2003 storms spawn memories
RECLAIMED LAND Lily Mae Doggett, left, and Vestor Doggett sit on a swing in their front yard on Old Eighth Street Road in Meridian. When torrential rains caused widespread flooding last spring, the Doggetts' front yard and swing were submerged.PHOTO BY PAULA MERRITT / THE MERIDIAN STAR
April 5, 2004
By Fredie Carmichael / staff writer
Barbara Henson still remembers watching people water ski roadside near Highway 19 North after a flood struck the city in the mid-1950s.
The skiing scene was particularly odd, Henson said, because the flood struck a few years before construction of Okatibbee Lake and reservoir had even begun.
The mid-1950s flood was the only thing Henson said she could compare to what happened in Meridian, Lauderdale County and East Mississippi last year when torrential rains caused flash floods in April 2003.
One year ago this week, heavy downpours pounded East Mississippi sending water out of drainage canals, over roadways, onto yards and into homes in what many have described as a 100-year flood.
Problems began April 6, 2003, when a cold front stalled along Interstate 20 in Central Mississippi, turned into a warm front and generated torrential storms that dumped 9.12 inches of rain in the Meridian area.
The severe, non-stop storms, accompanied by high winds and hail, challenged Sowashee Creek the city-built canal that drains much of Meridian as it weaves through parts of the town.
Three weeks later, beginning April 24, the scene happened again. This time, a line of strong, intense storms dumped as much as 8.53 more inches of rain in six hours on some of the same areas.
John Baxter, the warning coordination officer with the National Weather Service's Meridian office who has monitored weather events for more than 25 years, says Meridian was spared considering the amount of rain.
Baxter points to the $17 million in city and federal funds Meridian spent in the late 1980s and early 1990s to widen and improve drainage flow along Sowashee Creek the city's main drainage canal.
Work on the Sowashee improvement project included widening the canal from Hawkins Crossing to the South Industrial Park. One hundred-pound rocks also were added to stabilize the canal's banks.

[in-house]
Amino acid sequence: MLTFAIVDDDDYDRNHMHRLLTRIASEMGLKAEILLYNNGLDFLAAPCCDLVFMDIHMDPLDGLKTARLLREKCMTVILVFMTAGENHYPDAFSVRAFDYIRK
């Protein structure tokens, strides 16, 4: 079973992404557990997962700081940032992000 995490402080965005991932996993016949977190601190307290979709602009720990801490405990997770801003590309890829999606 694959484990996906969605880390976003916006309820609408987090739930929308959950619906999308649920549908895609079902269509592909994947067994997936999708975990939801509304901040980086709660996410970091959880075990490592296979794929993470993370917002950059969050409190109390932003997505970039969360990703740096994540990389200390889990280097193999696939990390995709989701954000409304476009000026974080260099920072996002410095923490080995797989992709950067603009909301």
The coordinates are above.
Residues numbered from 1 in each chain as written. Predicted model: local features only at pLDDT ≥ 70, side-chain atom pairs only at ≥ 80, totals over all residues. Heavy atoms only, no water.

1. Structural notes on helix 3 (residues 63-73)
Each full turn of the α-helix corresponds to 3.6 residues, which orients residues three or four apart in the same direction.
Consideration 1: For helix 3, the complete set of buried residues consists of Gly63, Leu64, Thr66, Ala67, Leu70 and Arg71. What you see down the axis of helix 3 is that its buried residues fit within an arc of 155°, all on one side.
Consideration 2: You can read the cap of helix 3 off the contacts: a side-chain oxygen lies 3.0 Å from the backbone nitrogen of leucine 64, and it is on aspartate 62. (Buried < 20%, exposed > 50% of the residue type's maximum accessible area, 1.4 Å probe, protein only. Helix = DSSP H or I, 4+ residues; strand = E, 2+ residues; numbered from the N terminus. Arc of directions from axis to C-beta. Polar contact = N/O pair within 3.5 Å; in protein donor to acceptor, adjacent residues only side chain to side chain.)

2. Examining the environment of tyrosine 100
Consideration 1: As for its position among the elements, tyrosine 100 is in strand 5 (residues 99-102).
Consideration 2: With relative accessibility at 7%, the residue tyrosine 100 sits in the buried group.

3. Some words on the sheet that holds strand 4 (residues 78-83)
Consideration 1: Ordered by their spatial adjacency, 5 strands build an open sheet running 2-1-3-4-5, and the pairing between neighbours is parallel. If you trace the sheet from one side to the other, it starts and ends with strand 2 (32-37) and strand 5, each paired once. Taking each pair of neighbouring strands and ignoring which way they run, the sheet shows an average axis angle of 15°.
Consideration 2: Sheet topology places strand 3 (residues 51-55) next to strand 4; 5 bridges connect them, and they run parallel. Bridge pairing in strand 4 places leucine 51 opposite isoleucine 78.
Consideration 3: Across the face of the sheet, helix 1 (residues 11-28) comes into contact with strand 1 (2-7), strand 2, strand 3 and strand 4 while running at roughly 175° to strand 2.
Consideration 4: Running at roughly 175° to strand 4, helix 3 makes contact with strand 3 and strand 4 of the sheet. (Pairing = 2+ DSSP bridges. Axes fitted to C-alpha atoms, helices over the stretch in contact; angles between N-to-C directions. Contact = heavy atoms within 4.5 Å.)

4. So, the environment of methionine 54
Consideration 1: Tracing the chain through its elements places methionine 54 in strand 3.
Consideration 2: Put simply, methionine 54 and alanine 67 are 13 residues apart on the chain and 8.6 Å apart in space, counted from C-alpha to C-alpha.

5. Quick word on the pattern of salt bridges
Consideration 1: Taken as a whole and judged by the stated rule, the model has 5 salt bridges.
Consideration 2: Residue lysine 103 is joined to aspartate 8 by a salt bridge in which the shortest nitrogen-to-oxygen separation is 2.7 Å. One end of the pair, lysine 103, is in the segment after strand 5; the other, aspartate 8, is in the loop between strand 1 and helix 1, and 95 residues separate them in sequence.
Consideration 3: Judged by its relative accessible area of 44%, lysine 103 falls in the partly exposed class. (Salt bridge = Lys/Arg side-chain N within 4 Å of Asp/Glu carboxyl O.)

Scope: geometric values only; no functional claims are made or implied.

Former Meridian Mayor Jimmy Kemp, who helped head the channelization project, said last year he felt vindicated when the Sowashee successfully and quickly moved storm runoff out of the city.
Meanwhile, residents hit by flood waters in areas where Sowashee and other drainage canals jumped their banks weren't impressed. Some want city crews to repair problems near their homes caused by the floods.
Tom Harley, 1801 39th Place, is still waiting to have an erosion problem repaired in his two-acre backyard. Harley said erosion of nearby Gallagher Creek a drainage canals that empties into Sowashee has been steadily eating away his property.
Gallagher, a smaller drainage canal than Sowashee, winds through areas of heavily populated residential neighborhoods. Gallagher Creek hasn't be widened and repaired nearly as much.
For Harley, whose property is near the southern point of Gallagher, the problem has been an ongoing battle for more than 10 years.
He said it grew worse when the April rains struck and he lost another 6 feet to 8 feet of his backyard.
Late last year, Meridian city officials told Harley that a $500,000 federal grant the city received for drainage repairs would benefit the stretch of Gallagher Creek behind his home.
Harley, though, said he's yet to see crews in his backyard.
Henson said staffing shortages are part of the reason for delays, such as the one at Harley's property. She said the April 2003 rains exposed the city's lack of manpower in its Public Works Department.